WHEN LIFE FALLS IT FALLS UPSIDE DOWN

By Lou Myers

Grove Weidenfeld. 193 pp. $17.95END NOTES

Unlike the other four boroughs of New York City, the Bronx is not part of an island but part of the Eastern Seaboard mainland. Perhaps it's a stretch, but one wonders if that is why Bronx memoirs seem more anchored to mainstream reality than counterparts set in Brooklyn, where nostalgia often rules, or Manhattan, where echoes of Europe are sometimes in the forefront.

Lou Myers's autobiographical novel, "When Life Falls It Falls Upside Down," is set in the same Depression-era streets as E.L. Doctorow's "World's Fair" and Kate Simon's "Bronx Primitive." And although it has moments of fantasy, for the most part it is rooted in the same kind of clear-eyed observation, punctuated with a thousand tiny details, that gave weight to those two distinguished works.

Myers, a cartoonist whose work has appeared in the New Yorker, begins his story in a West Bronx tenement in the 1920s. His alter ego, Leon, tells the story of his immigrant parents, especially his mother ("Drezzle" is her nickname from the Old Country), who keeps the orphanage at bay and raises her kids on her own after her mostly unemployed husband drowns one summer while swimming in the Jerome Park reservoir.

The scenes of daily life, harsh yet warmed by an unquenchable community spirit, are told in artless chapters that at first appear to be written down with no transitions. A story about picking a fight with a kid walking on top of a billboard, to use one example, follows one about riding the subway to visit relatives in Brooklyn.

Myers lets the reader hear the crackle as tenement dwellers step on gigantic cockroaches, feel the blows as young boys fight in the schoolyard, sense the suffering closeness of families forced to sleep on living-room sofas while boarders take over a bedroom. Gradually, the novel takes on the rhythm of a folk song, with a bingo game as the chorus. It seems to go on no matter who has just died. During the games, participants recite what amounts to an oral history of the Jewish immigrant existence.

In one sequence, for instance, the bingo players are reminiscing about an ambitious candy store owner who put his whole family to work, with unfortunate results: "Ma called '0-55' with a fresh card. 'Listen,' she said, 'Wally and Seymour began eating up all the jelly beans and the Tar Babies without bothering to reorder. Then they ate the Baby Ruths. They would sleep late and lose the morning newspaper sales ...'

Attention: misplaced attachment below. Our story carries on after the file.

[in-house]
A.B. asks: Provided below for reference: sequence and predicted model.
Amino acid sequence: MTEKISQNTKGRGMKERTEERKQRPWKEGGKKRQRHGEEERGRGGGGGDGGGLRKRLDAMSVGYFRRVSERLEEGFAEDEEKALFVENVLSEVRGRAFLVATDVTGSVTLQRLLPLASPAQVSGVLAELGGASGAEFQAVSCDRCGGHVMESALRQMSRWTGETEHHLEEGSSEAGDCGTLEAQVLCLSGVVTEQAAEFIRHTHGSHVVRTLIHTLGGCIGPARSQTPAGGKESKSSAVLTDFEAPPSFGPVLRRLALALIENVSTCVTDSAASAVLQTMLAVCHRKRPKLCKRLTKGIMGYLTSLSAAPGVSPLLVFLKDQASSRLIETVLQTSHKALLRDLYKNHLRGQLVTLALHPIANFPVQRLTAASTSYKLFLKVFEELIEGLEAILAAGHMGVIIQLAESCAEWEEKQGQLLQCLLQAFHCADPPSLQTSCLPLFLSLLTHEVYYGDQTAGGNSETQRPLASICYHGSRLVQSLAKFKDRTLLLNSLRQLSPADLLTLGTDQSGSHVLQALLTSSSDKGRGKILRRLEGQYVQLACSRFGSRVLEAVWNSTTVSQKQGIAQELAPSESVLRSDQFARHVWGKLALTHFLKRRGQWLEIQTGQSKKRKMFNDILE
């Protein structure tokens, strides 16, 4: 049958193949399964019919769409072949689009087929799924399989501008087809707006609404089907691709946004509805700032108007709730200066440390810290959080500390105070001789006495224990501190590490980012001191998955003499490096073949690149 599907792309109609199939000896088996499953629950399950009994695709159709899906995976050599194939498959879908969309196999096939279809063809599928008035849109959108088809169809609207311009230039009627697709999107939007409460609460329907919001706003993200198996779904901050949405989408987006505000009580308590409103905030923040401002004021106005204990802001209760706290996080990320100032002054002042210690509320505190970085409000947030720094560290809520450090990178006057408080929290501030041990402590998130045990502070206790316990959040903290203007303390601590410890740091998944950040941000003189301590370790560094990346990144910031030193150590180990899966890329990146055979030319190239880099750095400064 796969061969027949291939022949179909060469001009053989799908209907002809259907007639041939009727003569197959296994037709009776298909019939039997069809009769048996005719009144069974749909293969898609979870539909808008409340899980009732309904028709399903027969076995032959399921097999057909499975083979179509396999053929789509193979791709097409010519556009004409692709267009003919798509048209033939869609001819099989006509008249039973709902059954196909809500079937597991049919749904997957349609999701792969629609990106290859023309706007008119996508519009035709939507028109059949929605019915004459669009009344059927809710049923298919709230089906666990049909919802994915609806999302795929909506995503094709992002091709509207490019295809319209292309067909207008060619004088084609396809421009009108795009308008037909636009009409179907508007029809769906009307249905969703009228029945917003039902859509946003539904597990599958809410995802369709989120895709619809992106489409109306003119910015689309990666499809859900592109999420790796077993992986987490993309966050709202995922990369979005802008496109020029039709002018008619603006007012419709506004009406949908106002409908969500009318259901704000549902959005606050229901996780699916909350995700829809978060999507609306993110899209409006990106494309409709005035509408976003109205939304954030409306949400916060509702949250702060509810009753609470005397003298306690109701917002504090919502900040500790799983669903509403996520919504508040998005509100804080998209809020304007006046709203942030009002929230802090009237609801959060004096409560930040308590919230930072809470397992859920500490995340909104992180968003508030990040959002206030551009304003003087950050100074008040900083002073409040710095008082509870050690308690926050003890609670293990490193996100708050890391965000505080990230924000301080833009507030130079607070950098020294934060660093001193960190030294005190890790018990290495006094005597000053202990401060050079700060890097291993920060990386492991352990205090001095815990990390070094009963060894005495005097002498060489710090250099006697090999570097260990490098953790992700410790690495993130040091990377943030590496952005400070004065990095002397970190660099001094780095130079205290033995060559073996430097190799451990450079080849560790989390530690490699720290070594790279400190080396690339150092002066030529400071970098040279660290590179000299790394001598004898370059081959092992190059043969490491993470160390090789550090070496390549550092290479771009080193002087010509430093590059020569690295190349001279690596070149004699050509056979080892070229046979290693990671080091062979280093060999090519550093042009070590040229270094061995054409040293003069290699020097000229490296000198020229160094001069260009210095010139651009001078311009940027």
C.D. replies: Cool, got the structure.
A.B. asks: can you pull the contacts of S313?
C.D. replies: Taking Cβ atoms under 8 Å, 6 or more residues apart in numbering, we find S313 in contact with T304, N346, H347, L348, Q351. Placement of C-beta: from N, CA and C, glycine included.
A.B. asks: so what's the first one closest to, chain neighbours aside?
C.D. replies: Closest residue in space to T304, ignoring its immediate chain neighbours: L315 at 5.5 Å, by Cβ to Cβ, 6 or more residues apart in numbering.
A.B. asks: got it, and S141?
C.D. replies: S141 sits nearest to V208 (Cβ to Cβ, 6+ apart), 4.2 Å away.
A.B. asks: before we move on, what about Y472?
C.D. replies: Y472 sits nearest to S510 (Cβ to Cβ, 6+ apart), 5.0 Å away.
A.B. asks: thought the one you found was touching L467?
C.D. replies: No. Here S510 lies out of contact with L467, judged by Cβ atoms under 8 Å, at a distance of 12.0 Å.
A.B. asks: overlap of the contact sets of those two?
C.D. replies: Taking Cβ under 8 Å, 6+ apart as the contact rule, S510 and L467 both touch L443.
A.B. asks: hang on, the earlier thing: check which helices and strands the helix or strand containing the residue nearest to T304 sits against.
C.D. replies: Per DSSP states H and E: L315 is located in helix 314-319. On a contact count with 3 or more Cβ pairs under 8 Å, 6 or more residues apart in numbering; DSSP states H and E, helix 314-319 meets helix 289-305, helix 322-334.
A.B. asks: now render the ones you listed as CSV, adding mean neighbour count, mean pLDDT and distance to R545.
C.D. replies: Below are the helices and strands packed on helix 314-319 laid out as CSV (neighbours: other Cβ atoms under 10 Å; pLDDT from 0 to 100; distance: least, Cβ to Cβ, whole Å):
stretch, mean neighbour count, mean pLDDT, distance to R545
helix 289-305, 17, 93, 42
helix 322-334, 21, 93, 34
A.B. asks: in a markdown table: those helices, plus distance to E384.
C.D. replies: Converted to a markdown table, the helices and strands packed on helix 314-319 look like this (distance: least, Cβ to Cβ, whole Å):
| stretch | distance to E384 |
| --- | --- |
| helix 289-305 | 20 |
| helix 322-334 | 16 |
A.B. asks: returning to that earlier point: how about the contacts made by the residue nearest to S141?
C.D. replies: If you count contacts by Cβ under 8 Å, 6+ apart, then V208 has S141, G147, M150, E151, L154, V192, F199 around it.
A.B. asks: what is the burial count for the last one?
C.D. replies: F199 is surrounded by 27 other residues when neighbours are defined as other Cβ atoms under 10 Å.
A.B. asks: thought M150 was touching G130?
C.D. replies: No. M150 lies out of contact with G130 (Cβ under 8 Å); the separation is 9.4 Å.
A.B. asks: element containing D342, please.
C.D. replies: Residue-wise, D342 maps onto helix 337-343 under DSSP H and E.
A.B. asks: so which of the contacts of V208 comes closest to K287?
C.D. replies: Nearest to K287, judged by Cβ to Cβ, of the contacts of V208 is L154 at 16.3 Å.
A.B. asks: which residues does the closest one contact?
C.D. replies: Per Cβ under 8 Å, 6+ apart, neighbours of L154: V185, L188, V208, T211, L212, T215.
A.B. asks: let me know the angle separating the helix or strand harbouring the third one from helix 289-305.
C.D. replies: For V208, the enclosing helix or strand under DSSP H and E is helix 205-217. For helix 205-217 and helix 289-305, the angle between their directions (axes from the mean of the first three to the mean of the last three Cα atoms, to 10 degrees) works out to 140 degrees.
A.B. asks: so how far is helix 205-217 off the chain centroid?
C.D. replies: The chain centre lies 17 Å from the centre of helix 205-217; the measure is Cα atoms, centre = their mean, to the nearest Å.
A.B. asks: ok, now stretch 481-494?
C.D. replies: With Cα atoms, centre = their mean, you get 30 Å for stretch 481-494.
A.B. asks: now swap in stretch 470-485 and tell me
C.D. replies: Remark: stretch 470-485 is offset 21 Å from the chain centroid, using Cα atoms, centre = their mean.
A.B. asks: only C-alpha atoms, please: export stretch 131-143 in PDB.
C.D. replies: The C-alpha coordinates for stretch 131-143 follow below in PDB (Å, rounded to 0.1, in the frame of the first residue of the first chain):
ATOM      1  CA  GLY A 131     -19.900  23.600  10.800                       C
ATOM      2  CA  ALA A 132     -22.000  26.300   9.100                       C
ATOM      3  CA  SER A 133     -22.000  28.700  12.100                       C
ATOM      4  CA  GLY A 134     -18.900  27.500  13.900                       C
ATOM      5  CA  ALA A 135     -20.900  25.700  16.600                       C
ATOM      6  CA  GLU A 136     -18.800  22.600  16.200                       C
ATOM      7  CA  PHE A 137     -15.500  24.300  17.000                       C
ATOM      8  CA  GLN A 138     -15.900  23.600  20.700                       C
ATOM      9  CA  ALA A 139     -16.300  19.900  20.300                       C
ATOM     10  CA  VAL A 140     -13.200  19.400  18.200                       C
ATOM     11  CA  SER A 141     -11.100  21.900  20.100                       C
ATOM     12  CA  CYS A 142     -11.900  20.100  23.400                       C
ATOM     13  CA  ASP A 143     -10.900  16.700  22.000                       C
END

" 'Sometimes,' Mrs. Wilkins continued, 'all five of them overlapped with more of them than customers. The bell on the door would tinkle, and if someone came in it was like the bell at ringside, all five jumping around for one egg cream. G-60.' "

Leon's memory delivers a mosaic of the Depression -- sex on rooftops (no one had private rooms, let alone cars or empty apartments); date night at the Loew's Paradise, a movie palace in the grand tradition; the ritual spouting of political slogans from Stalinists and Trotskyites; communist street demonstrations; entertaining park-bench audiences with costumes from the local theater group; demeaning jobs in the rag trade. The author does not judge his people or their actions. Like layers of paint, scenes pile up thickly on his canvas and grow into a three-dimensional portrait.

These chapters alternate with Leon's straightforward diary entries chronicling Drezzle's later descent into senility and delusion. There is a gentle humor in Leon's descriptions. Just as his recollections of growing up suggest an acceptance of the immigrant pilgrimage toward the middle class, rather than the more typical rebellion against it, so his jottings about the elderly are filled with understated compassion. How many sons have there been in fiction who visit their institutionalized parents with such faithfulness and attentiveness?

At the old age home, during what is apparently the 1960s, Drezzle becomes a member of the Women's Committee to Save Lives, a collection of residents dedicated to reviving suicidal patients. "Better ten times sick than once dead" is her motto. As the months wear on, however, she begins to believe the home's caretakers are demanding payment in foreign currency, letting outsiders rob the rooms of everything including the fixtures and are about to deport her.

One day, Leon finds Drezzle wearing her roommate's false teeth. She insists that a branch of a funeral home has been set up in the home; they accept American Express. Yet although one after another of her colleagues dies, Drezzle, now 90, sinks slowly and, somehow, not terribly painfully. She may mix up her younger son's first wife with the second, but with or without her wits, Drezzle is never mean or clutching. She is as benign a Jewish mother as fiction has produced in some time.

The reviewer, a New York-based writer, is a native of Brooklyn.